|Posted by Danny Nutt on July 20, 2017 at 7:35 AM|
We can't believe that the Summer Sports and Drama Camp we're running with Moving Matters starts next week!
There's been so much to do: signing off artwork, marketing via our email newsletter, regular social media posts, creating the plan of activties, meetings, taking bookings, liasing with the venue, etc etc. Phew, it's been busy!
However, we can't wait to get stuck in and if you wish to book your kids in, hurry, spaces are filling up fast! You can do it here- https://www.moving-matters.org/index.php/holiday-camps-2#sport-and-drama-camp-at-julians
Hopefully we'll see you there
|Posted by Danny Nutt on July 6, 2017 at 6:10 AM|
Often all a simple question requires is a simple answer. So, what would you like our next blog to be about?
Maybe you want to hear the craziest story from one of our parties? Or how a new chacrtesr is devised? Or what we do when someone asks for a really strange new theme?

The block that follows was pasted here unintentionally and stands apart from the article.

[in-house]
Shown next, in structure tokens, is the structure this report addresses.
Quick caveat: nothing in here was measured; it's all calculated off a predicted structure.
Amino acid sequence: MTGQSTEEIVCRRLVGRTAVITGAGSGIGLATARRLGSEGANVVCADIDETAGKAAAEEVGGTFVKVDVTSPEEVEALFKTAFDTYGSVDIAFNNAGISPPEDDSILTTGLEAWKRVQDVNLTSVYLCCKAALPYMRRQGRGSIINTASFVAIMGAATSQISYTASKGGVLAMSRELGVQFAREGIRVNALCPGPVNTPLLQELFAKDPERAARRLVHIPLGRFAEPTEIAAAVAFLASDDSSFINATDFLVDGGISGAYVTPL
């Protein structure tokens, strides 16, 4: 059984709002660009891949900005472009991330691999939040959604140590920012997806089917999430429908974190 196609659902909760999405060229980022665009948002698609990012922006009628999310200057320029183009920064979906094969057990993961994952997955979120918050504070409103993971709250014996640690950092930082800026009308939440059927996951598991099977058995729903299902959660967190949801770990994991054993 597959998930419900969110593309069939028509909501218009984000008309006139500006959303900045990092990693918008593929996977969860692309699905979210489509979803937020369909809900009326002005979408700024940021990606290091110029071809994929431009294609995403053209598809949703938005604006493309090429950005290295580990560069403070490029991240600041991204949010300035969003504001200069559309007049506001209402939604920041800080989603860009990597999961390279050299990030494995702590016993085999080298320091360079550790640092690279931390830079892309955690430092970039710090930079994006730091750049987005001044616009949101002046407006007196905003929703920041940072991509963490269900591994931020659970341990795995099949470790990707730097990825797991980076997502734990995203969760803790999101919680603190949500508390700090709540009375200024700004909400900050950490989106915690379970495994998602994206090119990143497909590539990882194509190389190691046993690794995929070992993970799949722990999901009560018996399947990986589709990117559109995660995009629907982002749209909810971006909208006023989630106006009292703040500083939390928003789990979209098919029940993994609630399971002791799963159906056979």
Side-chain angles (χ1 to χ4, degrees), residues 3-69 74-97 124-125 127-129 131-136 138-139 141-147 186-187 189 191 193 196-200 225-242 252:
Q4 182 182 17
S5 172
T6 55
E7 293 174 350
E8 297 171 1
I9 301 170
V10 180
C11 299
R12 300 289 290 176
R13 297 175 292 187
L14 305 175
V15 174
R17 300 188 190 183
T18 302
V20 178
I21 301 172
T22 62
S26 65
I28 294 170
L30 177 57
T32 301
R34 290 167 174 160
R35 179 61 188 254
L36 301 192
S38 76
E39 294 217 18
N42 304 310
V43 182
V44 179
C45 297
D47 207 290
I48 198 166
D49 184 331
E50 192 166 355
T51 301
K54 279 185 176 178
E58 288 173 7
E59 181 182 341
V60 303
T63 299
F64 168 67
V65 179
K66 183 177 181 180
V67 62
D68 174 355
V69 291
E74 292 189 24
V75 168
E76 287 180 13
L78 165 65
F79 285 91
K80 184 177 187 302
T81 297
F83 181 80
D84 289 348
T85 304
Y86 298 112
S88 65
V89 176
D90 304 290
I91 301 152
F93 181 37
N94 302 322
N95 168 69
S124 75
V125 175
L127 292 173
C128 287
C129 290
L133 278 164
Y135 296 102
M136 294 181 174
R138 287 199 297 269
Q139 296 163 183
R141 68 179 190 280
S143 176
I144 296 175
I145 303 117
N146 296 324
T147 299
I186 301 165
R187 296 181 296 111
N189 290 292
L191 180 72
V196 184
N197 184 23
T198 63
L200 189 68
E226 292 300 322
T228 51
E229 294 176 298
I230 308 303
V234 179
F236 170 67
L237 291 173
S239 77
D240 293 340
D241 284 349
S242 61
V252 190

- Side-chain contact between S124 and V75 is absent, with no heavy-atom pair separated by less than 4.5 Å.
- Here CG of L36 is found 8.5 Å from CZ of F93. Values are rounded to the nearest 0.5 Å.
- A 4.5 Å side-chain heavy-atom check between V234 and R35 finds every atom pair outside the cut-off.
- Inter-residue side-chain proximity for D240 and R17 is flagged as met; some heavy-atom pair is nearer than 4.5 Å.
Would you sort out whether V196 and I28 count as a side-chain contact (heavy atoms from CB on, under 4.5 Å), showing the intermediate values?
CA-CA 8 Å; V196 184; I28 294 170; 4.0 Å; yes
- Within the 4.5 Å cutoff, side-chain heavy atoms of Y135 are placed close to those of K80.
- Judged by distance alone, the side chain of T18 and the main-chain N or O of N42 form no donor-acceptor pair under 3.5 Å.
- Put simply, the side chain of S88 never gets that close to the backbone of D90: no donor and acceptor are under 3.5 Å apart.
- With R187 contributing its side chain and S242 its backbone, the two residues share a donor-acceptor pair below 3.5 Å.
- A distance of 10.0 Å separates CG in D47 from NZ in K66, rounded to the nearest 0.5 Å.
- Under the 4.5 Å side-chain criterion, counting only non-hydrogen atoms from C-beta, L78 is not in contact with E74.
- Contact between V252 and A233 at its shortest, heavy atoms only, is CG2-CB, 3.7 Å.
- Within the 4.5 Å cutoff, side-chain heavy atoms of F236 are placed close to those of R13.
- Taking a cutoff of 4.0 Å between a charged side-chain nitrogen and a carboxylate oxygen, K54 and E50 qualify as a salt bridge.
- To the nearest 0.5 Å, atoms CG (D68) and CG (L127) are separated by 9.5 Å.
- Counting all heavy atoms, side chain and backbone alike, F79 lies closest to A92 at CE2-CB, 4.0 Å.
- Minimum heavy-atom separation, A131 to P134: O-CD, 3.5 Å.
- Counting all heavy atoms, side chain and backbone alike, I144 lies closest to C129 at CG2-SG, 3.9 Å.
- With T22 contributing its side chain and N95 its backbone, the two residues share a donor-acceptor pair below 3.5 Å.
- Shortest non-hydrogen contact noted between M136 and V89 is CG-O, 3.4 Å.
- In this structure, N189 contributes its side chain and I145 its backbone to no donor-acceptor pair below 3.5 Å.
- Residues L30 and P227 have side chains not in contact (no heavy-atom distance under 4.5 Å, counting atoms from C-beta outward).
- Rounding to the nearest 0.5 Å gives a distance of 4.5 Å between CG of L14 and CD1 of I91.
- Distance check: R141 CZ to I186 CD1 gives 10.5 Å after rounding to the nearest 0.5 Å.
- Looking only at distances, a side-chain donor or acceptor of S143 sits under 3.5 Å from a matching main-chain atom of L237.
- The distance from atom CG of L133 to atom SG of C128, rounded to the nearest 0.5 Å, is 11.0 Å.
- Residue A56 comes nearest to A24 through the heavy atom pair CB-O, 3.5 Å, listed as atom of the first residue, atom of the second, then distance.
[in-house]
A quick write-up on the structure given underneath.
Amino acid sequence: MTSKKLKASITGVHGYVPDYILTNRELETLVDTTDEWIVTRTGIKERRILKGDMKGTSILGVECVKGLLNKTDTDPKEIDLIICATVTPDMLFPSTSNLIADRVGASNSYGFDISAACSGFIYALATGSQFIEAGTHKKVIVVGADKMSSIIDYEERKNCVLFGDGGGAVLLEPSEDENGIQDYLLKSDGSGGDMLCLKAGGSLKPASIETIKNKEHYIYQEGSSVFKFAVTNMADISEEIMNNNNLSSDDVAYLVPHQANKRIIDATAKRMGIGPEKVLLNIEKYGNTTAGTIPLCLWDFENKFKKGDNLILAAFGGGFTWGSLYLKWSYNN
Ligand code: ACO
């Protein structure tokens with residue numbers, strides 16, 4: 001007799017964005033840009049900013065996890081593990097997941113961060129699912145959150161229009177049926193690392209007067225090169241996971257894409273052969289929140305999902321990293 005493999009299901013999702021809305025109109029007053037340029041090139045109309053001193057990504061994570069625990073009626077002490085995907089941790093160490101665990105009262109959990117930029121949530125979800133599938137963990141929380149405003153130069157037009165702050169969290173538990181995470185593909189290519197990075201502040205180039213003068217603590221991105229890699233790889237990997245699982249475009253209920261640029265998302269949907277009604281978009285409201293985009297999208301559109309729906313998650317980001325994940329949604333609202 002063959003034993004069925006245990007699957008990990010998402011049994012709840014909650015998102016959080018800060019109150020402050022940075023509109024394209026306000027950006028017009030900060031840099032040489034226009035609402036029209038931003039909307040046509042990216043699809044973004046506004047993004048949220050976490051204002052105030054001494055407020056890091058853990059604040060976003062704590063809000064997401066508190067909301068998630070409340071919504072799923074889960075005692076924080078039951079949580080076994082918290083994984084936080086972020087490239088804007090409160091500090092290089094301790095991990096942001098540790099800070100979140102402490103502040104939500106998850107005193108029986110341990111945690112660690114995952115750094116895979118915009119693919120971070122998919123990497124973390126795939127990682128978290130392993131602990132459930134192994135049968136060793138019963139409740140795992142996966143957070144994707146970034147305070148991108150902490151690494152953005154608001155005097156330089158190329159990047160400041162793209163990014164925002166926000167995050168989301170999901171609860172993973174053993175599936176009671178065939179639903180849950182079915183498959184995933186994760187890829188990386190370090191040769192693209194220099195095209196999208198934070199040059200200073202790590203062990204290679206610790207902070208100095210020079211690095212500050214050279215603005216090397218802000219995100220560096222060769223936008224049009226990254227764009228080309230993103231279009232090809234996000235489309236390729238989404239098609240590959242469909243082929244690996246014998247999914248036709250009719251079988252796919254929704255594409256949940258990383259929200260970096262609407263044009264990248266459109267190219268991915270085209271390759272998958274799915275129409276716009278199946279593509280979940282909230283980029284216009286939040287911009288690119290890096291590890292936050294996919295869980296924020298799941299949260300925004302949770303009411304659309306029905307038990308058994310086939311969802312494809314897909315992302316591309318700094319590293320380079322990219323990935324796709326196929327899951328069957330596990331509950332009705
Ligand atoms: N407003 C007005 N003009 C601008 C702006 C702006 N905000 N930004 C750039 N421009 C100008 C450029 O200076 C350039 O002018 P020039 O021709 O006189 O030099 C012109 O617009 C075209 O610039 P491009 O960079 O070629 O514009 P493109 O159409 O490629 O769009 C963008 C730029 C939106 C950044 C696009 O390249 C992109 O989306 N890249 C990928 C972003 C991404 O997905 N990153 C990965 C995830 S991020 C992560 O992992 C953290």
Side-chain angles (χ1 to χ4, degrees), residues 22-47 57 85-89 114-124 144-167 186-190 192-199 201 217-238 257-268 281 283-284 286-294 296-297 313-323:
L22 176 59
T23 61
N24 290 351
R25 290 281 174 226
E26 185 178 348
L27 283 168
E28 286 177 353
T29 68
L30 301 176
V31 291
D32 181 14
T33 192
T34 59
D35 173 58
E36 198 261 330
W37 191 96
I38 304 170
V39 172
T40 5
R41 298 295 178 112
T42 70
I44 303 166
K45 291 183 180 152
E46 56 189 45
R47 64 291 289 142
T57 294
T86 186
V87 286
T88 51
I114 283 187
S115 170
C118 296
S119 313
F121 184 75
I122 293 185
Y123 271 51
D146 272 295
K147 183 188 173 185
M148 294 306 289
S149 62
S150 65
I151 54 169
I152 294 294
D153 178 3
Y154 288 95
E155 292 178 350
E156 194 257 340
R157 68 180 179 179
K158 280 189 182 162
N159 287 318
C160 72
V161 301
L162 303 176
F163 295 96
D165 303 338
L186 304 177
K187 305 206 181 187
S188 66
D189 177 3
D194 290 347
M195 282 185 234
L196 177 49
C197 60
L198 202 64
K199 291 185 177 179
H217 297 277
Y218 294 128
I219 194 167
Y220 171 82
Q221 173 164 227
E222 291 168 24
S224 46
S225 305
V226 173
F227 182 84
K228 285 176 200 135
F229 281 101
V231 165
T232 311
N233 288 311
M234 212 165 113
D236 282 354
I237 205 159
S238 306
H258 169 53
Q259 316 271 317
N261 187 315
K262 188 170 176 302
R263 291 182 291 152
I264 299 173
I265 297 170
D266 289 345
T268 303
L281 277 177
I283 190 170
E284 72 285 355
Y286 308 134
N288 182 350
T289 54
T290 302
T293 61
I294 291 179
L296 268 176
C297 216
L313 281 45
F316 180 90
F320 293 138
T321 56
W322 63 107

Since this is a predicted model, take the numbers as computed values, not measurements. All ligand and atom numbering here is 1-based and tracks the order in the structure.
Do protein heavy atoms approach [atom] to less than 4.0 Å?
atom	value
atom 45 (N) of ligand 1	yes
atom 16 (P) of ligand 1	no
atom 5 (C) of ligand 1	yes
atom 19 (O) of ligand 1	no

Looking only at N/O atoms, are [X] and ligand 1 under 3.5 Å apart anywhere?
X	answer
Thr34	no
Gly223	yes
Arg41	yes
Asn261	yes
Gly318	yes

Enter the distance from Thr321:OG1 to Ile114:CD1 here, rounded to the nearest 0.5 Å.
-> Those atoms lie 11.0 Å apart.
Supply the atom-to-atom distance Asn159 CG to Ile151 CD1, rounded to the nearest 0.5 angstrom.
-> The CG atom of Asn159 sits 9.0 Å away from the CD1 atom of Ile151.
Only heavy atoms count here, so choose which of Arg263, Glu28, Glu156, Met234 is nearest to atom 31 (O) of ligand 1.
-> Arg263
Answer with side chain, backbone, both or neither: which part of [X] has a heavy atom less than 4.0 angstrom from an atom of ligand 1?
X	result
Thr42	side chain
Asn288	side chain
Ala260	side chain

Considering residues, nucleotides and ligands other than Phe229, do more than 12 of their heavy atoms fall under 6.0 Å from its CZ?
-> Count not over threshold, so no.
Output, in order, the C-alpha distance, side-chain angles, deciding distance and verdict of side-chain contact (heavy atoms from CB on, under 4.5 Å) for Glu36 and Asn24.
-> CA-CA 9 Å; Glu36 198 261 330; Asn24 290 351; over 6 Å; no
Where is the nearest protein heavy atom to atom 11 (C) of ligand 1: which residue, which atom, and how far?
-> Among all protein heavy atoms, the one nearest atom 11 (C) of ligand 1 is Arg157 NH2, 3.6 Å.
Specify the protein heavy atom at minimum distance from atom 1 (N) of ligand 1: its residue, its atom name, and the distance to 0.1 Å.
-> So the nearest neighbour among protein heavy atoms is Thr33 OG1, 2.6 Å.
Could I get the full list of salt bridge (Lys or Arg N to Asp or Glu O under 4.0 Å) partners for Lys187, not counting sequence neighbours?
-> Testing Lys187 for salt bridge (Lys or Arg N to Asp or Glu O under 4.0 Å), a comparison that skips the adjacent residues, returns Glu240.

Whatever it is, please let us know by commenting on the post about this on our Facebook page- www.facebook.com/nuttyschildrensparties
Whichever subject matter we choose will WIN a Nutty's Children's Partis Official Album on CD!
We look forwrad to your suggestions...
|Posted by Danny Nutt on June 21, 2017 at 10:50 AM|
Wowsers, it's apparently 32 degrees celsius in London today and I'm sure no one will deny: that is VERY hot. And despite a lot of poeple, kids and adults alike, loving the heat, it's usualy when we're on a beach or by an outdoor pool- not at work or school.
So how can we cool down AND, perhaps, have fun at the same time? Well, here's our top 5 tips to help you...
1) Have a cup of tea in the shade. Yes, believe it or not, a hot mug of tea will cool you down. It will create fresh sweat that will cool your skin down.
2) Buy a paddling pool and fill it wilth cold water. A timeless classic summer activity. Or, head to an outdoor fixed one in your local park.
3) Go to your local hardware store and buy a desk fan. Gauranteed to cool you down. Also, to add fun, get your kids to make paper aeroplanes and watch them fly off when you hold them in front of it!